Worth Revisiting: The Sound of Silence

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Couldn’t help but revisit this post this week as Friday, I go on a 5 day silent Ignation retreat at Campion Jesuit House. Truly looking forward to the sound of silence and and some much needed father-daughter time.

At the mountain of God, Horeb,
Elijah came to a cave, where he took shelter.
But the word of the LORD came to him,
“Go outside and stand on the mountain before the LORD;
the LORD will be passing by.”
A strong and heavy wind was rending the mountains
and crushing rocks before the LORD—
but the LORD was not in the wind.
After the wind there was an earthquake—
but the LORD was not in the earthquake.
After the earthquake there was fire—
but the LORD was not in the fire.
After the fire there was a tiny whispering sound.

(1 KGS 19:9A; 11-12)

This reading is certainly one of my favorites from the Old Testament, not because of the thundering noise, or the overwhelming displays of nature but because of a whisper. A small nondescript sound, undetectable on one’s own, but always there over, under and amidst a world of noise and chaos. It’s presence reminds us of small everyday ways that God moves and speaks in our lives. So too is the reminder that if we do not stop to listen, get distracted by the things that vie for our attention , or fail to seek the Lord we very well miss the Almighty altogether.

Yesterday, I opted to bring my lunch outside to simply sit and share a few uninterrupted moments with the Lord. Like Elijah, I felt the cool breeze, and the sun on my face. I heard the birds and the children at play in the schoolyard. And, while all of this was quite beautiful and pleasing, it wasn’t where I had discovered God.Responding to an inner prompting, I closed my eyes..I quieted the sounds around me till all I could hear was silence.

Yet, this wasn’t the first time I had done so. Many years ago I had been given my 1st penance as a new convert, to go and spend some quiet time alone with God for one week. An unusual penance you say? True, I had been all ready to say a Hail Mary or an Our Father and move on along with my walk as a disciple. However, my very spiritually astute confessor recognized that surrounded by midterms, the law school exam and wedding planning what I was missing. That behind my words and sins of impatience and pride..was a need for silence.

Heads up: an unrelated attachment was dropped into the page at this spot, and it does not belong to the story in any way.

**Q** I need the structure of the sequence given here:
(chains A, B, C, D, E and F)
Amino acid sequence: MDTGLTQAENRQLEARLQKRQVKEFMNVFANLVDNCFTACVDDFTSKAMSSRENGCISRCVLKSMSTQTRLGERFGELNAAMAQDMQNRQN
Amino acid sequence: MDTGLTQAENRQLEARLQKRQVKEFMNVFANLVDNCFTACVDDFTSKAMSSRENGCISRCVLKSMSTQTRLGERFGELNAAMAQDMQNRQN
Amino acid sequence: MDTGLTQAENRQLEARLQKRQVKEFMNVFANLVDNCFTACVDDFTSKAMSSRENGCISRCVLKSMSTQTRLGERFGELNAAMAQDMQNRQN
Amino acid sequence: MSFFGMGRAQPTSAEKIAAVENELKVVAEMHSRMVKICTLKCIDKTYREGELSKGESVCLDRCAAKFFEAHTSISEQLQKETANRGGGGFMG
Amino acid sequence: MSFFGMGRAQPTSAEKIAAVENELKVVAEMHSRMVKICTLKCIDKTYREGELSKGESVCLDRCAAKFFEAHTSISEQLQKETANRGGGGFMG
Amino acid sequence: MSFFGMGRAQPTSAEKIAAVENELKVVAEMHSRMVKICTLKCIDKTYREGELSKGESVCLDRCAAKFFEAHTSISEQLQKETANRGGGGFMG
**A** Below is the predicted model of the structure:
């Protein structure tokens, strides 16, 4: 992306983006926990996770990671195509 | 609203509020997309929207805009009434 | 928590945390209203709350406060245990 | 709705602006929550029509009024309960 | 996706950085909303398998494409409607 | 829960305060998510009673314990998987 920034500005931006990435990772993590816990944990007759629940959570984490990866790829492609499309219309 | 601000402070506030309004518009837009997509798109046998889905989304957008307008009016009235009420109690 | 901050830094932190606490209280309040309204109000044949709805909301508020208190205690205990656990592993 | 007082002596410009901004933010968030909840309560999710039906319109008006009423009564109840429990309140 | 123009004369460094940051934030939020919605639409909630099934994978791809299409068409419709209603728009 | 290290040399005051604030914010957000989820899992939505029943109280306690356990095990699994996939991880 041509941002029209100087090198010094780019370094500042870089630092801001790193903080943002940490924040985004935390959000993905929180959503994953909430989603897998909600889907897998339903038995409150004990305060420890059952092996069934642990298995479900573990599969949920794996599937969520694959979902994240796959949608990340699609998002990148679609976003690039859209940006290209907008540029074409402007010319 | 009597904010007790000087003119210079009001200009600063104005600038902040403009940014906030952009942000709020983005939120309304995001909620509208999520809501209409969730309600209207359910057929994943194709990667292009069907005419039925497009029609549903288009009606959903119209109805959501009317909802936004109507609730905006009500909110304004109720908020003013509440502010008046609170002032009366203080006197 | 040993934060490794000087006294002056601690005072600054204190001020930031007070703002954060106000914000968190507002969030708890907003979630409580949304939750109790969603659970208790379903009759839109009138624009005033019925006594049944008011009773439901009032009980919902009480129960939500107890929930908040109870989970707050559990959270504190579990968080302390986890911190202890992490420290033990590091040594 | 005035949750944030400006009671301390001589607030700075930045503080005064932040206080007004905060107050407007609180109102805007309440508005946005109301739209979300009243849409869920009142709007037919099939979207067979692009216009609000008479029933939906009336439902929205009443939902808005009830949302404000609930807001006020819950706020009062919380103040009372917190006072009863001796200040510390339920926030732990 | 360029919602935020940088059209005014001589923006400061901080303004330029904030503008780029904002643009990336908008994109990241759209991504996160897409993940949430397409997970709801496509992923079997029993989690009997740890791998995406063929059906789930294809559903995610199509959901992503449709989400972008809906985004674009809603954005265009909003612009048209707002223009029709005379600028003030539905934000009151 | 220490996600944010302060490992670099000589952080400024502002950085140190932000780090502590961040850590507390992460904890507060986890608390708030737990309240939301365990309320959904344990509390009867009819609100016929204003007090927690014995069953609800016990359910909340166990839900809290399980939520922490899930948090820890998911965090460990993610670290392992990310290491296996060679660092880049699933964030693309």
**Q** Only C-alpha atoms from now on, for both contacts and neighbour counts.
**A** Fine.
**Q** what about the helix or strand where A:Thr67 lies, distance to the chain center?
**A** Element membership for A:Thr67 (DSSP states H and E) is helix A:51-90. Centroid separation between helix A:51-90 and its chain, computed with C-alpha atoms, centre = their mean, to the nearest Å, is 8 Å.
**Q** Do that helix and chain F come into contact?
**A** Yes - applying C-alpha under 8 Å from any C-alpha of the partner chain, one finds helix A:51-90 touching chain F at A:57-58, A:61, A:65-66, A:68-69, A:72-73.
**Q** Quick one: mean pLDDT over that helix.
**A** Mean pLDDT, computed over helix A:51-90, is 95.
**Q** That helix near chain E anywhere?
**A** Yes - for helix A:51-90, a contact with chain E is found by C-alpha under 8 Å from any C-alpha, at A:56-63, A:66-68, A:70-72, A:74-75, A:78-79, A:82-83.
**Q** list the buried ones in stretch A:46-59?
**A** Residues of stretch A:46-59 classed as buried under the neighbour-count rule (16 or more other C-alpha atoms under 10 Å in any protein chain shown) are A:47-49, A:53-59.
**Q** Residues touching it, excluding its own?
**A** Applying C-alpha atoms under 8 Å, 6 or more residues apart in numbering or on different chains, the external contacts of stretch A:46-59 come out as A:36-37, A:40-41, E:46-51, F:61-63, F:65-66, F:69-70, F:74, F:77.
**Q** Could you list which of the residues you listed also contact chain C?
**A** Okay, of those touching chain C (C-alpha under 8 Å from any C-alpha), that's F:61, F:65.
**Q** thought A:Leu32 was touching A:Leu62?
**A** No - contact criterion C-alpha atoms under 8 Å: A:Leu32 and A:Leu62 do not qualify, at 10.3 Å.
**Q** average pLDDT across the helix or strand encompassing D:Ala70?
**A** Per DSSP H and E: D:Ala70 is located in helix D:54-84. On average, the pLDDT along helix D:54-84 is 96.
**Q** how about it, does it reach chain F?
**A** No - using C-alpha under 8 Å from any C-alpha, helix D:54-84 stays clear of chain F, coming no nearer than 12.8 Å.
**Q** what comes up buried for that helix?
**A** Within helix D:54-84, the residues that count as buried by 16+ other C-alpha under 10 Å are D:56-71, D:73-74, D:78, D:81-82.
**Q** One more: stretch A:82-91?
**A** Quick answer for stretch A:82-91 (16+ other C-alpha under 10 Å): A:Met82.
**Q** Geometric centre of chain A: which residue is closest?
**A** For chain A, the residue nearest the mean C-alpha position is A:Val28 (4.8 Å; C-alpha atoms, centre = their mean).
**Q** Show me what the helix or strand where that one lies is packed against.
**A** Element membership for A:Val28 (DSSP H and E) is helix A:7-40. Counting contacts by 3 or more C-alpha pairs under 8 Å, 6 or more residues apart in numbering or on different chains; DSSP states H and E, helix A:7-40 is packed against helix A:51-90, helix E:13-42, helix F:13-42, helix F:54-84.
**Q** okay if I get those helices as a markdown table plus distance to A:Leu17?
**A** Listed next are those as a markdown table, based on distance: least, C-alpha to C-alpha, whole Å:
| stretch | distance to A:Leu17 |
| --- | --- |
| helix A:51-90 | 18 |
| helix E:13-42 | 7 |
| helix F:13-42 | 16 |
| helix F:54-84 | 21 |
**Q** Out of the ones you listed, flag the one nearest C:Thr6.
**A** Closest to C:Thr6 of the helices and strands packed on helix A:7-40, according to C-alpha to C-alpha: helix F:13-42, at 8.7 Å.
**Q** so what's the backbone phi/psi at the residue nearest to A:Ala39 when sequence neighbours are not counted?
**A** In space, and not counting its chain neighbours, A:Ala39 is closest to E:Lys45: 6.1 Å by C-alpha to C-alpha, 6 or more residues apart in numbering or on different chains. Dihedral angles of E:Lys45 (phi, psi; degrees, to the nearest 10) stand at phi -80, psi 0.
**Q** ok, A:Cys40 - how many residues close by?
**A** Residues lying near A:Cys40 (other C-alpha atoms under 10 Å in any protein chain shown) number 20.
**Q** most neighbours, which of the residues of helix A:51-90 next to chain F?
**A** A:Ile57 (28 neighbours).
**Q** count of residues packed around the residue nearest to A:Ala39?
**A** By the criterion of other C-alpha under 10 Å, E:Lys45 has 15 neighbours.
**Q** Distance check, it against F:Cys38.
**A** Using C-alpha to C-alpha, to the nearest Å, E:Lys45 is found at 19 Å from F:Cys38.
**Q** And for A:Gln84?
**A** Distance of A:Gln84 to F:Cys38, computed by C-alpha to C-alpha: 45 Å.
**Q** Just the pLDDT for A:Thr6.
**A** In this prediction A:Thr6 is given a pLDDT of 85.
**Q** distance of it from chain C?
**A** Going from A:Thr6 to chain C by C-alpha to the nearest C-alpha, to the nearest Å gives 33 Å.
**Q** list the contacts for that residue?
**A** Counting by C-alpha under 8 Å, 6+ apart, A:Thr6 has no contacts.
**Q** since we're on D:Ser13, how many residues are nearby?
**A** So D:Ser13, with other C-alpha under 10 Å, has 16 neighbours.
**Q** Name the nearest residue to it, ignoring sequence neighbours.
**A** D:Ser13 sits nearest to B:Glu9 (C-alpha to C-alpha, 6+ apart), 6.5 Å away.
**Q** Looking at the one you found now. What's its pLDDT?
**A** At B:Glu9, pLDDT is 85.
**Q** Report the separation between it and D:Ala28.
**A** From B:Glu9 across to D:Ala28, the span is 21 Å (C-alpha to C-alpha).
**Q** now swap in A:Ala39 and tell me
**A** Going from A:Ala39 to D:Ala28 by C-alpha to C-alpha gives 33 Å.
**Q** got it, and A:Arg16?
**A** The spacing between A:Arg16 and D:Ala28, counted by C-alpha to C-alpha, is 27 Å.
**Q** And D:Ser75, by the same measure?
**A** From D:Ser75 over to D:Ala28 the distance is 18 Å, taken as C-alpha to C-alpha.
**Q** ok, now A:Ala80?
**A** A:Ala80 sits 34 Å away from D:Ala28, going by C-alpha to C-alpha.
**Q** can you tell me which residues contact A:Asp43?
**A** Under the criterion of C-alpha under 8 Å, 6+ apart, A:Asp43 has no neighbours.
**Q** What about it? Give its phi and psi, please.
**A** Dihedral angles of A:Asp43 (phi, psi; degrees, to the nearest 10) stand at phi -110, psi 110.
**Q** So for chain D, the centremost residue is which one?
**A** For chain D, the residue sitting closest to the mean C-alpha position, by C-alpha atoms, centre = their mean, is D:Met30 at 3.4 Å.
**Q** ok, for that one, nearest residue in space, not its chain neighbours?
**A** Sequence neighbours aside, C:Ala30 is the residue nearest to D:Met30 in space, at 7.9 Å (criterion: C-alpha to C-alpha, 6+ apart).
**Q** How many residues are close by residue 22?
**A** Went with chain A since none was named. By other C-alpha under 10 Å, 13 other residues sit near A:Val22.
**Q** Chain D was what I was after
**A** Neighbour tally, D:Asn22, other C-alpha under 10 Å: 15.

Seemingly nothing, silence is not an absence of anything but a overwhelming abundance of a peaceful state of being. A stillness of body and soul, at rest with one’s self and the world. Unable to be at peace with one’s self or others, then an appreciation of silence will forever evade. For, silence demands a responsiveness and reciprocity to shed restlessness and concerns to simply receive what is there. This is why so many contemplative saints speak of an intimacy with God,because they had been ready to hear and respond to the whisper in their hearts.

If I may encourage,albeit challenge you- take time today to spend alone with God. It need not be a lengthy unbearable stay but a time set aside just to be open and present. What you may receive in doing so is beyond measure.

Peace,

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CatholicMom: Daily Gospel Reflections

Today, I share both my reflection and the wonderful community of CatholicMom.com with each of you! Tune in daily for wonderful insights, reflections, recipes, book reviews and more!

Matthew 5:43-48

By the mere age of 10, I already had a nemesis. Both equally determined to be the leader of every group, we were natural competitors. Yet, though a certain degree of competition can be good, over the years our rivalry painfully intensified. Now while each of us could be amply caring and forgiving to others, neither could extend that same love to the other. And, it wasn’t until we had families of our own did we choose to reconcile. We had discovered that what we desired for our children in their relationships, had been missing in our own. So, to teach them, reconciliation first had to begin with us. Since then, we have seen the fruits and feel blessed by the graced invitation to listen, pray and be a part of one another’s lives.

In this Gospel reading, Jesus is challenging each one of us to go deeper in considering the commandment to love. As God’s love and care is inclusive, it therefore cannot be constrained or limited to those who already love us or can be of assistance. Rather, it asks us to strive to see one another as God sees us. Then, to take the love and forgiveness we have experienced from God and offer it equally. Especially, when it is the most difficult. Here, the value of reconciliation is not only in overcoming personal injury but repairing the relationships that have suffered with God and our enemy. For both are indelibly linked in the fullness of God’s love.

Ponder: